On this day in 1807, Nathan Brown, an American Baptist missionary to India, Burma, and Japan, was born in New Ipswich, New Hampshire.

As a young man, Brown attended Williams College, in Williamstown, Massachusetts, where he became associated with the Haystack Movement.  After finishing his education, he married Eliza and, in 1833, the two set sail for missionary work in Burma. While in India preparing for his final voyage into Burma, he wrote back to his secretary at the mission board:

There is a vessel about to sail for Maulmein, the Phenix, in which we shall probably take passage. I hasten to close my letter
in order to send it by the Apthorp, which is to sail to-morrow. That the blessing of God may rest upon you and upon the cause in
which you are engaged, and that you may long live to hear glorious news of the in gathering of the heathen to Christ’s kingdom, is the prayer of your unworthy brother.

The ministry of Brown would see a great in gathering of those all around the world.  He worked in India, Burma, and Japan.  He started the first Baptist church in Tokyo.  He spent several years in America fighting slavery and working in the churches there.  He translated and printed the Bible into several languages, in every country he worked in.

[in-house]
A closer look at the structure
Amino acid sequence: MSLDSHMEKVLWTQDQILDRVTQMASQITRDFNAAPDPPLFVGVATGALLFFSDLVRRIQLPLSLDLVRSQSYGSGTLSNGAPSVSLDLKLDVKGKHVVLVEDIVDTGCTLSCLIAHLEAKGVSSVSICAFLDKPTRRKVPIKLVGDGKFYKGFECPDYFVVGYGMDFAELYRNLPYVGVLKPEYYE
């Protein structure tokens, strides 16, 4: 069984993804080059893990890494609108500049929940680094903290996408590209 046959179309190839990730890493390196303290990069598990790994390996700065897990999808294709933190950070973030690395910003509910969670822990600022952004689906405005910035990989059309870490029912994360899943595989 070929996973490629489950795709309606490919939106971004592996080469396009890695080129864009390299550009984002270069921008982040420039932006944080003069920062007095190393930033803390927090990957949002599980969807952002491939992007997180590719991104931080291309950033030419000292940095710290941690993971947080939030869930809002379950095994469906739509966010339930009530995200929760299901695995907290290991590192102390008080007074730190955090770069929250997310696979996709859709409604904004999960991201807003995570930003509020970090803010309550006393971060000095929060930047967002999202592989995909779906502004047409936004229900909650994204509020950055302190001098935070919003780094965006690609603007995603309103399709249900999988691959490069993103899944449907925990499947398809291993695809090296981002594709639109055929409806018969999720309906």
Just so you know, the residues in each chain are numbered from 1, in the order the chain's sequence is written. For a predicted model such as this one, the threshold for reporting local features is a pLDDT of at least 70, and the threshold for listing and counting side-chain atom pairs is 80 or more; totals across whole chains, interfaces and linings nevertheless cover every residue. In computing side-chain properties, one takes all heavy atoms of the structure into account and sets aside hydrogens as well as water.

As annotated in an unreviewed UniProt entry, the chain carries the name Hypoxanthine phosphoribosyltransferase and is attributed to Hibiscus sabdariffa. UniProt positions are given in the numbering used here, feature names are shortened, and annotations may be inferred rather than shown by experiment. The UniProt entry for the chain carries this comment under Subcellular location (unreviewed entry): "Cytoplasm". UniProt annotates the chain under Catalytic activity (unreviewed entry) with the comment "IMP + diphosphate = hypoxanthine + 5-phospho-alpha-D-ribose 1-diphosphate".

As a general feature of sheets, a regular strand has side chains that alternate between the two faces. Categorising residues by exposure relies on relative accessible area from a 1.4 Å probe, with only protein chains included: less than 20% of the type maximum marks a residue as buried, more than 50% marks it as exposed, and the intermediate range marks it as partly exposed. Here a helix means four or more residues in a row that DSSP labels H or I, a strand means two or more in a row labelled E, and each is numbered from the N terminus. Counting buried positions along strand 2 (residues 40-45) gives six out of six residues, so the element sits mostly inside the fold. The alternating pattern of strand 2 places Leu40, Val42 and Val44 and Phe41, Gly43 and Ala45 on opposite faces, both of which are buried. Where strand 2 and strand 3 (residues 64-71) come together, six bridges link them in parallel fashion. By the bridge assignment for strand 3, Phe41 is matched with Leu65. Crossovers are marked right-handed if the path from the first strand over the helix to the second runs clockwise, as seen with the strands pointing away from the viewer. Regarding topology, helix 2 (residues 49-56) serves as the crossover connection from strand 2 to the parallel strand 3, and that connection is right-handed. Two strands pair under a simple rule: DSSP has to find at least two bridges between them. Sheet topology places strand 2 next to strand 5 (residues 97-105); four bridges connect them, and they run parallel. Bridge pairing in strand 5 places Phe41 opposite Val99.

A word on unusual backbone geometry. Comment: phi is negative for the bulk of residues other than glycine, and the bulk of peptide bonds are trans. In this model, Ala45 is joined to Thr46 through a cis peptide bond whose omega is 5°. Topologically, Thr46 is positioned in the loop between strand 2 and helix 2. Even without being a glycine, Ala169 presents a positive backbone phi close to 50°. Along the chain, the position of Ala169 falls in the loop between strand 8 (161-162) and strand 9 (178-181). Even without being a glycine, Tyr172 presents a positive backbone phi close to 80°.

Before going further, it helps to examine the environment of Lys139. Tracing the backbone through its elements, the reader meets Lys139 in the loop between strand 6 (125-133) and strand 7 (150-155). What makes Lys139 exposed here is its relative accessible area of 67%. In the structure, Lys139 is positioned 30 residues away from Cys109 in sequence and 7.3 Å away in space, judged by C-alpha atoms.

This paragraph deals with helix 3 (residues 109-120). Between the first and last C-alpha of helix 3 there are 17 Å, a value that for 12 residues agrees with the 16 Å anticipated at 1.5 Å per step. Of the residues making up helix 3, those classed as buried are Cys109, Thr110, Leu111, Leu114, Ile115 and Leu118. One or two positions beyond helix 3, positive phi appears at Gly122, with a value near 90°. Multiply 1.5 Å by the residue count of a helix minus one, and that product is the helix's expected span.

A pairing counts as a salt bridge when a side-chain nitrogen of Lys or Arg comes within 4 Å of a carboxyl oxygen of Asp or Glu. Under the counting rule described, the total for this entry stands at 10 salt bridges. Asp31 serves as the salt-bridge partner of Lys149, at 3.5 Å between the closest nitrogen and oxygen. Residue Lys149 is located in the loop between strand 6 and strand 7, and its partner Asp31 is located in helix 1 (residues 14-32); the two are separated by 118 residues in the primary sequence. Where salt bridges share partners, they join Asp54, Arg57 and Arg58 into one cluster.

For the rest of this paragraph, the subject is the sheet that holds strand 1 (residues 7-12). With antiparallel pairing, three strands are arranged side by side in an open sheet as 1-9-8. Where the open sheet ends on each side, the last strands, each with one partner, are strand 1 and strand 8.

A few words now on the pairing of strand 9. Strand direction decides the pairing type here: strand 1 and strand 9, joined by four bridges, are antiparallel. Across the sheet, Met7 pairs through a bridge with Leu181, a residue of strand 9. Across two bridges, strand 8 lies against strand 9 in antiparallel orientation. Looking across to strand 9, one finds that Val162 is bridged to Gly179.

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Nathan Brown

On this day in 1824, Edward Mills Dodd, missionary to Jews and Armenians, was born in Bloomfield, New Jersey.

His first work was among the Jews of Smyrna.  He was then transferred to Turkey to work among the Armenians there.  In both areas he worked in, he studied hard to learn the language and culture of the people.  A fellow missionary said of Dodd:

 His first missionary language was Hebrew Spanish of which he had a fine command. When he was transferred to the Armenian work he learned the Turkish which he used with much more than ordinary correctness and some of the best sermons which I have heard in that language were from him. He devoted considerable attention to Turkish hymnology and many of the best of the Turkish hymns now in use were contributed by him.

He worked in Turkey until the time of his death by choleraHe was described as “a sincere Christian and an earnest missionary working up to and often quite beyond strength of his feeble constitution.”

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Famous Americans

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